Bloom Energy posted strong revenue results in its first-quarter 2019 financial report — a revenue story that distinguishes Bloom from the rest of the largely moribund fuel cell pack.
But Bloom continues to lose money, and that is very much consistent with companies such as Fuel Cell Energy, Plug Power and Ballard Power in the profitless fuel cell industry.
As GTM has long chronicled, no public fuel cell firm in the history of public fuel cell firms has ever posted an annual GAAP profit. Bloom is the fuel cell revenue leader but lost $242 million in 2018 (on revenue of $742 million) and $263 million in 2017.
Bloom's first-quarter net losses grew to $84.4 million, or 76 cents a share, on sales of $200.7 million. Bloom beat analyst estimates on losses, top-line revenue and GAAP earnings per share. Revenue was down 6 percent quarter-over-quarter and up 18.5 percent from the same quarter last year.
Here are Bloom’s Q1 2019 financial highlights.
- Gross profit was $15.8 million for a gross margin of 7.8 percent.
- Bloom had a record 235 acceptances of its 100-kilowatt fuel cell units in Q1, a 41.6 percent year-over-year jump. (In most cases, an acceptance occurs when the system is turned on and producing full power.)
- Adjusted EBITDA for Q1 was $2.1 million.
Bloom CEO K.R. Sridhar wrote in the firm’s earnings letter that acceptance growth was "fueled by a strong diversity of customers from various industries, as well as international markets.” The 235 acceptances represented nine customers, five industries and two countries, according to Bloom.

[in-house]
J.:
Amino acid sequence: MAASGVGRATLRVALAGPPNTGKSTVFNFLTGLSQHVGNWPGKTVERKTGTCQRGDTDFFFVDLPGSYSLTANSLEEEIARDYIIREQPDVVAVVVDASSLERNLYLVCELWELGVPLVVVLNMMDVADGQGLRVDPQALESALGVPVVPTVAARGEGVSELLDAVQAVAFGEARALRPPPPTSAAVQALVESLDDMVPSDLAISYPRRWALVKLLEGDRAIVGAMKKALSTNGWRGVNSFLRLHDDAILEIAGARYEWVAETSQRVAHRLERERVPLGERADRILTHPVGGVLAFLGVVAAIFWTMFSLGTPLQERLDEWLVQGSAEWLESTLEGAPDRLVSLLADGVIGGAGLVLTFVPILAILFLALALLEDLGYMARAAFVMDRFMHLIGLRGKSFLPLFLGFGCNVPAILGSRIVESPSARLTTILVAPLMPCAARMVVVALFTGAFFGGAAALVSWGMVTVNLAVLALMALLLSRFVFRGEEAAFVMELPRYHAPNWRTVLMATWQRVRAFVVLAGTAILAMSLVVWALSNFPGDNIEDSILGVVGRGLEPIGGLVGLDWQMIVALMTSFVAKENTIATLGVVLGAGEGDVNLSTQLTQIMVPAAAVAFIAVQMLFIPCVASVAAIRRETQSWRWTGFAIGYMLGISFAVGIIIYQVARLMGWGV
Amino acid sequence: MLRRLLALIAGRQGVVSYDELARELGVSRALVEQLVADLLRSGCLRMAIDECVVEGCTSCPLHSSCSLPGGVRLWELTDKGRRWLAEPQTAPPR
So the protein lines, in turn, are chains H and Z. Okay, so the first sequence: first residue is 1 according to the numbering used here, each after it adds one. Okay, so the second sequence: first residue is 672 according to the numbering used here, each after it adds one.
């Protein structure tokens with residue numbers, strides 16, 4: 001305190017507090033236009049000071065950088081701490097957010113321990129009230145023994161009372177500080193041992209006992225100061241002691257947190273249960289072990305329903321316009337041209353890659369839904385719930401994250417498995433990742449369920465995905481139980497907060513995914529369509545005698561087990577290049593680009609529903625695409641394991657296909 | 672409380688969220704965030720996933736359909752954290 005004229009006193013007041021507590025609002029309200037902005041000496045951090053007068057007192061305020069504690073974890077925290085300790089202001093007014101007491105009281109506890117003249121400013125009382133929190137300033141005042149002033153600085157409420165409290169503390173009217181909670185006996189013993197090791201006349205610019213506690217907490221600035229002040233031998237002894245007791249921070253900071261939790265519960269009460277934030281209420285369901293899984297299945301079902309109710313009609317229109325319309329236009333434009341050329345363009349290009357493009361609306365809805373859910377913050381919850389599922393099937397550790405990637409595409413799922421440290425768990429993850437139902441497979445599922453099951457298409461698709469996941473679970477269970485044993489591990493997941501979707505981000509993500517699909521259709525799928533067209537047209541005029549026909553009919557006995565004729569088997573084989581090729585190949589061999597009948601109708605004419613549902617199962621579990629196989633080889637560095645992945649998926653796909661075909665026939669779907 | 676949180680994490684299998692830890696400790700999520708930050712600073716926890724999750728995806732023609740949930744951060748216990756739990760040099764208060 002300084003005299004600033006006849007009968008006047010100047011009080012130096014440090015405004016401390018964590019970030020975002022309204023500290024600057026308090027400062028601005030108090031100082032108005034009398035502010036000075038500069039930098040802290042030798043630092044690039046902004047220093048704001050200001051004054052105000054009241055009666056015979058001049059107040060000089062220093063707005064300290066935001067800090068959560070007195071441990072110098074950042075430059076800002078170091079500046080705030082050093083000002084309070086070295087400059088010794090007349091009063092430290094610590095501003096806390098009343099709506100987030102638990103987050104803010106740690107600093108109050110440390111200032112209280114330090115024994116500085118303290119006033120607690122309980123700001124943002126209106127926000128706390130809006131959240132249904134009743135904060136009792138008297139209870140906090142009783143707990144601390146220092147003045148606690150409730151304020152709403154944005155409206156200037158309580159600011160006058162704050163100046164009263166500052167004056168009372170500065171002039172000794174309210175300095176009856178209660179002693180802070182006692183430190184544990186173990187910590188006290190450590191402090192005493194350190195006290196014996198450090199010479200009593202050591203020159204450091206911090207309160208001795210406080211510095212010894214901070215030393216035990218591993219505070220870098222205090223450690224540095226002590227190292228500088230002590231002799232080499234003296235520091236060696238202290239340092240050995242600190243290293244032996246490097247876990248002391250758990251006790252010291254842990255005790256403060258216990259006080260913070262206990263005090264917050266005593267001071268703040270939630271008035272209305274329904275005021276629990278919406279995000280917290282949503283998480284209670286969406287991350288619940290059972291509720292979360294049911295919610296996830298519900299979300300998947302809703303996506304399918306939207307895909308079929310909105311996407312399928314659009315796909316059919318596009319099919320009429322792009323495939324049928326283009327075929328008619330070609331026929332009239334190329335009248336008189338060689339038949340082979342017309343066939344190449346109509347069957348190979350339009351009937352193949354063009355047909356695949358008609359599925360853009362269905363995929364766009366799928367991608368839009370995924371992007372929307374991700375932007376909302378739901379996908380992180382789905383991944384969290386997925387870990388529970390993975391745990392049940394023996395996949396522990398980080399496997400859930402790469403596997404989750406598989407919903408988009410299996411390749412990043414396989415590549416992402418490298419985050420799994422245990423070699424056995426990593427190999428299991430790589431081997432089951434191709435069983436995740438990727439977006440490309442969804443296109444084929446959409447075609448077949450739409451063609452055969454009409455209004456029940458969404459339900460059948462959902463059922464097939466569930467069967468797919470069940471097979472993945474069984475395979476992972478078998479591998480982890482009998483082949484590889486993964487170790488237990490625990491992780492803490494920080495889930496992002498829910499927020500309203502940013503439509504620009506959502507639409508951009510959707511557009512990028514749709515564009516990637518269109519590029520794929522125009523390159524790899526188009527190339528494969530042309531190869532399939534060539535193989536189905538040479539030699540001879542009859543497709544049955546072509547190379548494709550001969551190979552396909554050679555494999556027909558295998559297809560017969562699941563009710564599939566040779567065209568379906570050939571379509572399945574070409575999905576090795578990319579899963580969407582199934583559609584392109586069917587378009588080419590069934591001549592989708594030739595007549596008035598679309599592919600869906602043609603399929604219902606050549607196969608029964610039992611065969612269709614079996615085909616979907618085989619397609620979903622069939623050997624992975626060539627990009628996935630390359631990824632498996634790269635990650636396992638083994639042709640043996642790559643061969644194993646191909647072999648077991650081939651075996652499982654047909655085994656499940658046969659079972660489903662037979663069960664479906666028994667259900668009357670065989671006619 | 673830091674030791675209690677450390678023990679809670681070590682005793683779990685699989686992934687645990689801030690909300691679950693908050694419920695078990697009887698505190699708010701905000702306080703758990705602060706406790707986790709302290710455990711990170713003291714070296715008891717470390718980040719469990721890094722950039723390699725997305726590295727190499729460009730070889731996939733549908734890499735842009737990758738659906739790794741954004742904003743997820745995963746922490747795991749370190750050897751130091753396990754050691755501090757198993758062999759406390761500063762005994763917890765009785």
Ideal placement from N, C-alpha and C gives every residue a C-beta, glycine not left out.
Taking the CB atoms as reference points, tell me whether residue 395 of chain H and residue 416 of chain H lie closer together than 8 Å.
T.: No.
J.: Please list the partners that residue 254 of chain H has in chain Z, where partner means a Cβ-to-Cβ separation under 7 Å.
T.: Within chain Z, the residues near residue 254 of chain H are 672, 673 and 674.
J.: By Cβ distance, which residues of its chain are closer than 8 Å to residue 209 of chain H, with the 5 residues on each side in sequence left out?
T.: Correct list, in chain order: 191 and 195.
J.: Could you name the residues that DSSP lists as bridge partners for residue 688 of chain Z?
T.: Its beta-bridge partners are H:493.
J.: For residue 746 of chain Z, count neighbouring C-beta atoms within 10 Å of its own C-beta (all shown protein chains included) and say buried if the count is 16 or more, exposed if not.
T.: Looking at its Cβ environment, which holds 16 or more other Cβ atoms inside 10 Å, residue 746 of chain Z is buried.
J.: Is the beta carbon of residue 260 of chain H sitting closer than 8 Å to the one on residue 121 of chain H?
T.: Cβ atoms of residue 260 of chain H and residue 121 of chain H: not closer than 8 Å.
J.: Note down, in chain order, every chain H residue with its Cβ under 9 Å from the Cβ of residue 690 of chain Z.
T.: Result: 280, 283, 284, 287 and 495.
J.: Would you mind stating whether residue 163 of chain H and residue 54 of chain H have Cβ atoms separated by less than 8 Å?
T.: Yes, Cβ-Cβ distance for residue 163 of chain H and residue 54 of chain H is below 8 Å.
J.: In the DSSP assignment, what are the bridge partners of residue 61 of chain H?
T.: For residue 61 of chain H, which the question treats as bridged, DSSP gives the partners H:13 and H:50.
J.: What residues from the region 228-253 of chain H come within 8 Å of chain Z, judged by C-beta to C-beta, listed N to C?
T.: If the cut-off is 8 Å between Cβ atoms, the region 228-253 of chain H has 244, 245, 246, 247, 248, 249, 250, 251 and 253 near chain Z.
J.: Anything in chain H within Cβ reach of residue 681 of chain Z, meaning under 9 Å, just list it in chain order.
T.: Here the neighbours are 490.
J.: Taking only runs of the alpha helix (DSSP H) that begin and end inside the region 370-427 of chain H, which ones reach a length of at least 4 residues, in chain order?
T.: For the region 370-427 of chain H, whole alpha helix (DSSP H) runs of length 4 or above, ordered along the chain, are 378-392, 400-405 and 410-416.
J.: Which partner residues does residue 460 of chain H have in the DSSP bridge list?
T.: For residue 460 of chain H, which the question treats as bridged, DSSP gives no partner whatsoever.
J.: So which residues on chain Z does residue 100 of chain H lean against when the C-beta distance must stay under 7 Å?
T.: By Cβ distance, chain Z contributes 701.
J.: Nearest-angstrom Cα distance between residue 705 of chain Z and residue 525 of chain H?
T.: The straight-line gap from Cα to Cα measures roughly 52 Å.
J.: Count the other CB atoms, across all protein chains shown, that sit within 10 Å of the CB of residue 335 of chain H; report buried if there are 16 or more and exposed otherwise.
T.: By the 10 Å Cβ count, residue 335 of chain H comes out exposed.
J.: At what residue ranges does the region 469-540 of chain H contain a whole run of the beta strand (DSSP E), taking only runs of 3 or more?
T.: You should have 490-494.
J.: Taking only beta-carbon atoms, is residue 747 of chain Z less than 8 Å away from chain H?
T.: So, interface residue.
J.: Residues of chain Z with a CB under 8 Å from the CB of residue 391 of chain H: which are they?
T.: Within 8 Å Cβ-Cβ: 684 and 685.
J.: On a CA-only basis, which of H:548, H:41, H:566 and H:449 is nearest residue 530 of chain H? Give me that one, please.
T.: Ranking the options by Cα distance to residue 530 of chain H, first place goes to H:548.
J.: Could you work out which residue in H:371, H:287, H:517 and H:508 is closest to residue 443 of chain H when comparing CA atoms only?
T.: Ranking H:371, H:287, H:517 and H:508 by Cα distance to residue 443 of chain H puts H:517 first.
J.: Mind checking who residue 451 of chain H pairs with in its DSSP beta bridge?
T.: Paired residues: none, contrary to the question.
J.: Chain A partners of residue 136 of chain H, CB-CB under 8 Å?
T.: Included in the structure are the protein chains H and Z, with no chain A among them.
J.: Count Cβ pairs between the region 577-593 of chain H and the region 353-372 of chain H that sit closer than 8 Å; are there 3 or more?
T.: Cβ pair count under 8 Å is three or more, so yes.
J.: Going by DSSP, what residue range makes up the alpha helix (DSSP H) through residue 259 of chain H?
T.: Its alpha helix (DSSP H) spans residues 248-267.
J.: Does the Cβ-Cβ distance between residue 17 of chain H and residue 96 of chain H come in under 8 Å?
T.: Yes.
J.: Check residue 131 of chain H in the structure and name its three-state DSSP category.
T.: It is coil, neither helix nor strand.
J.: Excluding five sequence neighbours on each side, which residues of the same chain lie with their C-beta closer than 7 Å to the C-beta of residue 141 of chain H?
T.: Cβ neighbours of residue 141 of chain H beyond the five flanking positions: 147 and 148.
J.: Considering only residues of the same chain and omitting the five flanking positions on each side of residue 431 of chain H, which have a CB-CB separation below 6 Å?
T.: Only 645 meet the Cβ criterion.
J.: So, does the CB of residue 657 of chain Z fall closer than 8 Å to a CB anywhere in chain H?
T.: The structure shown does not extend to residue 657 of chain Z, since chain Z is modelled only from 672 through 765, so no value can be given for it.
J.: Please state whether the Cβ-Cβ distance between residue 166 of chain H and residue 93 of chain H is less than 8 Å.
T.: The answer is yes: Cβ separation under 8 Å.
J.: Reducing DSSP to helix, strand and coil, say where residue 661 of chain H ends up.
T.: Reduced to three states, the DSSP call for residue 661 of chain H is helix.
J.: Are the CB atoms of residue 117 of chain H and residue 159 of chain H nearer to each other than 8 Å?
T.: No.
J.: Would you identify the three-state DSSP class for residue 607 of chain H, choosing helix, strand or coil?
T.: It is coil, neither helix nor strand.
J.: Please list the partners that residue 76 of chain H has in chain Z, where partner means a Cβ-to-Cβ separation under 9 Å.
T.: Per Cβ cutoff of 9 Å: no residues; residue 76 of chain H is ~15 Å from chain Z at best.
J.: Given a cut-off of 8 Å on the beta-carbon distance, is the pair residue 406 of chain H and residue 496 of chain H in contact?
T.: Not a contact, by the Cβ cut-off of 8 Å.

California-based Bloom claims that its customer base includes 25 of the Fortune 100 companies, including AT&T and Home Depot.
Growth in microgrids, potential in biogas
Bloom helped power its 80th microgrid this quarter, illustrating an increasing need for resilient and reliable power for critical applications such as labs, schools, campuses, data centers and city centers.
Bloom's natural-gas-powered fuel cells can serve as a reliable primary power source for microgrids. And microgrids are finally seeing some commercial growth, after a long stay in pilot project purgatory.
According to analysis from Navigant Research, almost 500 microgrid projects have moved into the planning and deployment phases in the past six months, predominantly in North America.
This is a big potential market for Bloom and other stationary fuel cell builders.
Bloom’s CEO also noted that the company has "powered up" a 50-kilowatt biogas-fueled landfill project in a pilot with Southern Company, building on Bloom’s R&D investment in biogas fuels.
At the moment, Bloom servers require clean methane, whereas using biogas from landfills presents a set of expensive challenges to fuel cell operation. According to the company, its biogas cleanup module "cost-effectively removes moisture, sulfur, siloxanes and other contaminants from biogas prior to utilization."
Bloom factoid: The Bloom fuel cell manufacturing site at the University of Delaware STAR Campus is on the grounds of an old Chrysler plant where Bob Marley once worked.
Deployments to continue to set new records
Bloom provided some limited guidance for next quarter.
- Acceptances (100-kilowatt units): 250 to 280
- Average sales price (dollars-per-kilowatt): $6,050 to $6,350
- Total installed system cost (dollars-per-kilowatt): $4,875 to $5,175
Bloom shares closed Monday with a 4.1% rise to $14.72, lower than the $15 stock price at its initial public offering in 2018.